• Have the students done the homework?


Present Perfect Continuous

This tense is used to express the action which started in the past and is still going on in the present.The present perfect continuous tense is used to describe or suggest an event that is now taking place. This tense is used to represent an occurrence that started in the past and will continue. When there is no indication of time, it is sometimes used to describe an activity or event that began in the past and is now only done or over.

This tense denotes a present-tense action that is continuing. In other words, it represents an ongoing action that has not yet been accomplished at the time of speaking. As previously said, when an activity takes place at the time of speaking. This tense is used when a future activity is specified without indicating when it will occur.

Also, when discussing a planned or arranged event or action that is scheduled to occur at a specific time in the future, and in circumstances when the action or event is taking place but not necessarily while we are speaking.

In a changing situation, the present continuous tense is utilized. We employ adverbs like ‘always,’ which characterize an often occurring action.


Positive Sentences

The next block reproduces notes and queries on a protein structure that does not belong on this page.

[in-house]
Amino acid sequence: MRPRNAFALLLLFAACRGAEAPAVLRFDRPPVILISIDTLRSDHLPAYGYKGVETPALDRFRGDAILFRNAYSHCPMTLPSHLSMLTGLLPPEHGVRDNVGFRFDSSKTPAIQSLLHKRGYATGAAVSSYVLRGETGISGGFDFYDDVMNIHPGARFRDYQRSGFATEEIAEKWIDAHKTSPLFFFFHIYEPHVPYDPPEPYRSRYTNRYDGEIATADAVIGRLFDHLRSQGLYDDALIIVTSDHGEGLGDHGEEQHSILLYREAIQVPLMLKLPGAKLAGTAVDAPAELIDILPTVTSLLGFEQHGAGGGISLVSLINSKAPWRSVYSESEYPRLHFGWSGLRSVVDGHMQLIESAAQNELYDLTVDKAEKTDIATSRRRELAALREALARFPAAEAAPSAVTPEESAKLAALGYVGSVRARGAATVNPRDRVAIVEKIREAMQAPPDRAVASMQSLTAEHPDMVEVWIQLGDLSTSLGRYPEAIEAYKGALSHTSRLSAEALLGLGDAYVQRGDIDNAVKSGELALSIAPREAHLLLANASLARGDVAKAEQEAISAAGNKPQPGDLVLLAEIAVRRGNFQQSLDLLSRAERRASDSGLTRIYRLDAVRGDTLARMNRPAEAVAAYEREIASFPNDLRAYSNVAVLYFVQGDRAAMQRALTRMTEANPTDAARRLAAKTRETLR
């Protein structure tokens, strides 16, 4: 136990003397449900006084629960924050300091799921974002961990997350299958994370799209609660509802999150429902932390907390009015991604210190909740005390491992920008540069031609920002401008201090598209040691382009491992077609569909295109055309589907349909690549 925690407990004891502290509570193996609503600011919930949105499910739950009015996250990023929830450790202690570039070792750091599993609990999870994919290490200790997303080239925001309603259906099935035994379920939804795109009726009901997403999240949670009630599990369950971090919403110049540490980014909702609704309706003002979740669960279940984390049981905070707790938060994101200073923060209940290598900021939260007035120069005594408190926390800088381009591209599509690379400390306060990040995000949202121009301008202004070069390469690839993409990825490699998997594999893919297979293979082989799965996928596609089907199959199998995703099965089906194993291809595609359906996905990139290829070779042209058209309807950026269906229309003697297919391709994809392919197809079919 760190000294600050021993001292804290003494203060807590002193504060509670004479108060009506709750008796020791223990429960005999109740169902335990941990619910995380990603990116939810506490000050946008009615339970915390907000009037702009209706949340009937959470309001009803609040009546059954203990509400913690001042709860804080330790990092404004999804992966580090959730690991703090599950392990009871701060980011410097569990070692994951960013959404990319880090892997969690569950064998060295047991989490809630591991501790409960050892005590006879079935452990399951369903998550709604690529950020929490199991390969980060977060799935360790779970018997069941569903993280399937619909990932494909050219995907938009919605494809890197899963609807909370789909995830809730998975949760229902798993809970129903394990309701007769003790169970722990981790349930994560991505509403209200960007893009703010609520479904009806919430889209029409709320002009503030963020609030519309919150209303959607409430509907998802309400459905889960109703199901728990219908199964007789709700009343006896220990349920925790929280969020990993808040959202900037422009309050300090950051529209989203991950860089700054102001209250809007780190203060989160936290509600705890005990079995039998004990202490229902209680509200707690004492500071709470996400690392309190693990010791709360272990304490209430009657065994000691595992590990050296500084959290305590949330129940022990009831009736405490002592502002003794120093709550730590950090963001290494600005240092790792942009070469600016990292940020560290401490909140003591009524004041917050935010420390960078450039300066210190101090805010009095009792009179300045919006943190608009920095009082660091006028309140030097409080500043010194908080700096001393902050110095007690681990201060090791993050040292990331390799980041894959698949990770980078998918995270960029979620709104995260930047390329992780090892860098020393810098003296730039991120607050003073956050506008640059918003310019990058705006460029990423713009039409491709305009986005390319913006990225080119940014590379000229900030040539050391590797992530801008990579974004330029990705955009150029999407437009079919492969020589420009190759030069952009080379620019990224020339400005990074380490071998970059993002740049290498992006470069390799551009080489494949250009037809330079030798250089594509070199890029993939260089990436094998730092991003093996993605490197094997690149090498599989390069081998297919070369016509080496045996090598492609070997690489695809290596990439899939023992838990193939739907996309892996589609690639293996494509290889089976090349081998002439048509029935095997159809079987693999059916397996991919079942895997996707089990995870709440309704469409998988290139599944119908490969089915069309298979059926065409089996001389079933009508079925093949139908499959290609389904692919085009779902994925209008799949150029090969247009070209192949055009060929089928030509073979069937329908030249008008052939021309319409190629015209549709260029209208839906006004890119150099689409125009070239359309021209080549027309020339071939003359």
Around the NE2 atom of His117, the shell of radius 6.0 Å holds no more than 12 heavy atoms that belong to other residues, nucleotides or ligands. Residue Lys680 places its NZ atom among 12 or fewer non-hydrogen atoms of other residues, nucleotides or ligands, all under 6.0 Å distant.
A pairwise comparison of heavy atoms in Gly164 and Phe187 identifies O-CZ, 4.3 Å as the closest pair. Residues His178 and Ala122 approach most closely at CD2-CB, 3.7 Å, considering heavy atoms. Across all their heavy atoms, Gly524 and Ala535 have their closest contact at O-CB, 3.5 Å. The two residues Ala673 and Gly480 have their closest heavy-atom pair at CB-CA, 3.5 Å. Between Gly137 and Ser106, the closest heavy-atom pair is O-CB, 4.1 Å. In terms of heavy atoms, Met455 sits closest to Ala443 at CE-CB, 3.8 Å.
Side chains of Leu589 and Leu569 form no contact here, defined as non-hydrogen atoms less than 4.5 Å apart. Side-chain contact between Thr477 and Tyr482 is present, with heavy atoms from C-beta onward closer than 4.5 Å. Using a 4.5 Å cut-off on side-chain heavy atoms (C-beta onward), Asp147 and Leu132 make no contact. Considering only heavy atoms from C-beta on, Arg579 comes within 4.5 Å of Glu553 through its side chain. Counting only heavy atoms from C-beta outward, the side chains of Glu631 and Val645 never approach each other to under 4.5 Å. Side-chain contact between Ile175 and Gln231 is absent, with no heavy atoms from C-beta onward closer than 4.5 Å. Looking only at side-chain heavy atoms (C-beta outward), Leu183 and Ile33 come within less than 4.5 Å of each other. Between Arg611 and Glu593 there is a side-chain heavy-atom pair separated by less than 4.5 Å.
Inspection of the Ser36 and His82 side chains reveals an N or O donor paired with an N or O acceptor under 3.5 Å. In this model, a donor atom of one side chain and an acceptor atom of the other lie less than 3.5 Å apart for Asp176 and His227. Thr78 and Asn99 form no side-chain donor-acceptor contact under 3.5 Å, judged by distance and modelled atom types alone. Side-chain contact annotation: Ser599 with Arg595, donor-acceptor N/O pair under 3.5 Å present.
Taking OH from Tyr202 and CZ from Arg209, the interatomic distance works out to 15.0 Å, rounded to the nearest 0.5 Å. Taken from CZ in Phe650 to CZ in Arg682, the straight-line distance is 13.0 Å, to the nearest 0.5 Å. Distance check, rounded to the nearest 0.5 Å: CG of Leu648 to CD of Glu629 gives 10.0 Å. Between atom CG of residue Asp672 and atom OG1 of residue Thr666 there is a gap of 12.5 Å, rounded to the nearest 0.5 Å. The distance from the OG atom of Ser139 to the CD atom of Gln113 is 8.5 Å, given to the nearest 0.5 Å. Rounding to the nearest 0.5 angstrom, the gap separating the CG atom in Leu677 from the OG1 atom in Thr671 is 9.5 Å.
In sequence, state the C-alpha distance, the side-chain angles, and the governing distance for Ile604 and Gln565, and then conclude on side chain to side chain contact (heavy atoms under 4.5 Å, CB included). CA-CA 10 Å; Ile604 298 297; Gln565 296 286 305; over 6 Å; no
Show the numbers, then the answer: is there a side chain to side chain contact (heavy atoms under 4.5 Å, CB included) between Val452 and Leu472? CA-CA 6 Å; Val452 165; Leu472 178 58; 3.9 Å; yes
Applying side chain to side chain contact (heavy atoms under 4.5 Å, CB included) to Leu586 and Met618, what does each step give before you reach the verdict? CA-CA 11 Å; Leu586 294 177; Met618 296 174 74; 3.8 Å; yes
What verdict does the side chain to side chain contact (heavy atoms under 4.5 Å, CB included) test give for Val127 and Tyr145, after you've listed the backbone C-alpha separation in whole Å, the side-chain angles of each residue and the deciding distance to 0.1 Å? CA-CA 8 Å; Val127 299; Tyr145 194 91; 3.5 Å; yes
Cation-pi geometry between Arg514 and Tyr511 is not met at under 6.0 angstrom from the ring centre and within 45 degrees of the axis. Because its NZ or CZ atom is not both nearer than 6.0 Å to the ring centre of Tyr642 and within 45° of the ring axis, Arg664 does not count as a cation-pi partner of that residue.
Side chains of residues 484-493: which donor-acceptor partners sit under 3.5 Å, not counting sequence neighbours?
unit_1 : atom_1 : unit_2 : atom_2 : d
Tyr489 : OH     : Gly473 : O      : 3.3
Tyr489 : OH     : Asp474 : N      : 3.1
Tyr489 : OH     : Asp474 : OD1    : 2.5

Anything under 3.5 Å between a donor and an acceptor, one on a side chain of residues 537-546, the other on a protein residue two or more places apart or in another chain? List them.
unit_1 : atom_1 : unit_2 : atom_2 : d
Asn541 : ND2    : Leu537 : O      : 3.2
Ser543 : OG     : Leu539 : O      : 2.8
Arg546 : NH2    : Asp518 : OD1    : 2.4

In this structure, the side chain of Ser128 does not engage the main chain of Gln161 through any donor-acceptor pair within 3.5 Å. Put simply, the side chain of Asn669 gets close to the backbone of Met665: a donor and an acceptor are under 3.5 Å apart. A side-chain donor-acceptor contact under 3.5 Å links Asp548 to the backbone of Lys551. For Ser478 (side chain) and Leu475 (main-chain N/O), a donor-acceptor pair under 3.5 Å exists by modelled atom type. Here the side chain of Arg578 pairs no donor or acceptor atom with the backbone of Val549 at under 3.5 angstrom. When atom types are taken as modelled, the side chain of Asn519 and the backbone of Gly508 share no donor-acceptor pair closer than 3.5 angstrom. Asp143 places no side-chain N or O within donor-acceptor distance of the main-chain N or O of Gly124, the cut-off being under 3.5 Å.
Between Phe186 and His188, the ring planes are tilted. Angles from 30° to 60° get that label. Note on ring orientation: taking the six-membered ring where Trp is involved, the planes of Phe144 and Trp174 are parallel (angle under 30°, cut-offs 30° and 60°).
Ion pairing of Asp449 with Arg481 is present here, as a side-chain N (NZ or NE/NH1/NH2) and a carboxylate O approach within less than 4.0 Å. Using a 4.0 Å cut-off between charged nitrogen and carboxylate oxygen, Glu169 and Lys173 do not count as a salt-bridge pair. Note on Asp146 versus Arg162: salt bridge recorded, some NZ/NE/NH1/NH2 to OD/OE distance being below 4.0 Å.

Rule-  Subject+ has/have+ been+ verb(first form)+ ing+ object


  • I have been doing the dishes.

  • She has been doing the dishes.

  • They have been doing the dishes.

  • John has been doing the dishes.


Negative Sentences

Rule- Sub+ has/have + not + been + verb( first form)+ ing+ object


  • I have not been doing the dishes.

  • She has not been doing the dishes.

  • They have not been doing the dishes.

  • Sapna has not been doing the dishes.


Interrogative Sentences

Rule-  Has/have+ sub+ been + verb(first form) + object


  • Has he been doing the dishes?

  • Have they been doing the dishes?

  •  Have I been doing the dishes?

  • Have they been doing the dishes?



I come from an enormous family and recently my parents ___________________________ (DECIDE) that they ___________________________ (SPEND) long enough living in aa huge and crowded house in Delhi. “We ___________________________ (MOVE) to the outskirts”, my father ___________________________ (ANNOUNCE) one morning. “I ___________________________ (SELL) this house and we ___________________________ (LIVE) on a  huge farm”. So last week we ___________________________ (LOAD) all our items into two carriage vans, and for the last few days we ___________________________ (TRY) to accustom ourselves in our new home. Yesterday, my two sisters and I ___________________________ (START) arranging our rooms. Unfortunately, while I ___________________________ (Set) the paintings, one of my brothers ___________________________ (OPEN) the door. Nobody ___________________________ (TELL) him that we ___________________________ (BE) in the room. So instead of setting the room we ___________________________ (SPEND) all morning cleaning the broken frame and glass of the painting. But worse things ___________________________ (HAPPEN) since then. This morning, when I _______________________ (WAKE) up, water ___________________________ (DRIP) through the ceiling next to my study table. We _____________________ (SPENT) the last four hours repairing the roof. It is not all bad news though. The school in the town nearby ___________________________ (CLOSE) down few years ago, and my parents ___________________________ (NOT FIND) another school for us yet.